Service members should be mindful of political activities

10 Feb 2012 | Lance Cpl. Jackeline M. Perez Rivera

When an Army Reserve soldier recently took the stage wearing his utility uniform at a Ron Paul rally in Ankeny, Iowa and spoke about his support of the candidate for the Republican primary, it raised immediate red flags to service members, the media and many others, drawing the ire of those familiar with regulations.

While active-duty service members are encouraged to exercise their right to vote and participate in the democratic process, they are not permitted to speak in partisan political gatherings in uniform. Service members are allowed to attend political events in the capacity of a private citizen, not in any way that can be construed as a representation of the armed forces.

"Active-duty military members are required to be apolitical as they go about their business serving the nation," said Army Col. Shawn Shumake, director of legal policy within the Office of the Undersecretary of Defense for Personnel and Readiness in an Armed Forces Press Service news story.

Although service members can display bumper stickers or be present at political events, they cannot display large political signs on private vehicles or actively participate in a political event.

"Marines and Department of Defense employees need to be mindful of how their actions may be perceived and take extra precautions to avoid any appearance of improper DOD endorsement of a particular political party, candidate, cause or issue," said Gen. James F. Amos, the commandant of the Marine Corps, in a recent memorandum.

Service members should be mindful of how they interact when tackling the subject of politics and avoid distributing campaign materials in a federal workplace through any means including e-mail.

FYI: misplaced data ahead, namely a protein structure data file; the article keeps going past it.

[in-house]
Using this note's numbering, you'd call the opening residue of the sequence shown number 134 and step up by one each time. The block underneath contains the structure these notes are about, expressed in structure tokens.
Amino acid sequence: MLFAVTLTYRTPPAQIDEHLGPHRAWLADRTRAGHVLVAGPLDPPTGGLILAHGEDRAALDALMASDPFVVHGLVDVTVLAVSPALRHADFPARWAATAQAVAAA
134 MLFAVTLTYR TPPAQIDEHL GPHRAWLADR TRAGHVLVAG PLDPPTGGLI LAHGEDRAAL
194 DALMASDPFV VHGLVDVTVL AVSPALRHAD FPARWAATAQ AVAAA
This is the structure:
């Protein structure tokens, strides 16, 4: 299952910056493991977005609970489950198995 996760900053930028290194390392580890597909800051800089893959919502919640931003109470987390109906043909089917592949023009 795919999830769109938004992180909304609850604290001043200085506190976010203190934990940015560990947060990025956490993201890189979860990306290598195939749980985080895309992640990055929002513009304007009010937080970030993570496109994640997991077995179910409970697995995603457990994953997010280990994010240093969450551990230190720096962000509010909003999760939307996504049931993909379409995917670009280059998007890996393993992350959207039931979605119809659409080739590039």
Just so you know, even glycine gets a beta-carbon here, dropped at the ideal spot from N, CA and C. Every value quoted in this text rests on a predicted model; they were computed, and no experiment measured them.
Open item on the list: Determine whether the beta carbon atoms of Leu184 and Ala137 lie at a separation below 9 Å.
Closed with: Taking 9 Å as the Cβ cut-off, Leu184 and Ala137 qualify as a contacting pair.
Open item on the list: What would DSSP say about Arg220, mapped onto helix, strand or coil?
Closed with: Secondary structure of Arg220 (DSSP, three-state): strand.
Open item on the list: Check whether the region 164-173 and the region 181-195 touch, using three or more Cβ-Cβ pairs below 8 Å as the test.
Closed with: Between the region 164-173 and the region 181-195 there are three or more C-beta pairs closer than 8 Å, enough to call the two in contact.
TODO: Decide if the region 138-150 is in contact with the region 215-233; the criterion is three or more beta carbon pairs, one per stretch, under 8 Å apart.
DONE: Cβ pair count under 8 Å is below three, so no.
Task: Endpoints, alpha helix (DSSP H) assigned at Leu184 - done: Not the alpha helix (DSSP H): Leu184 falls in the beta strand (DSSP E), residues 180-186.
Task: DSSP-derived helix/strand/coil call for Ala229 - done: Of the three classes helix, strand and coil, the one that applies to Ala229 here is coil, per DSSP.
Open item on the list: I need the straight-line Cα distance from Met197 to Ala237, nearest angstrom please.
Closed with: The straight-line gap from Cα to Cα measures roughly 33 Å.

They can take part in the election process in many ways, however, they should consult regulations before partaking, as there are many specific rules. For instance, they can write a letter to the editor of a newspaper about a political candidate as a private citizen if the letter is not part of an organized letter campaign, or vote for or against a candidate. If they identify themselves as a service member, they must clearly state that the views expressed are those of the individual and not those of the DOD.

The rules also affect families who live aboard military housing, including privatized housing developments. They cannot display political signs, banners or posters visible to the public.

It is unclear what consequences the soldier at the Ron Paul rally faced. Service members can avoid similar scrutiny by reading DOD Directive 1344.10, or contacting Marine Corps Base Camp Lejeune Base Legal at 451-1903, if they have any questions.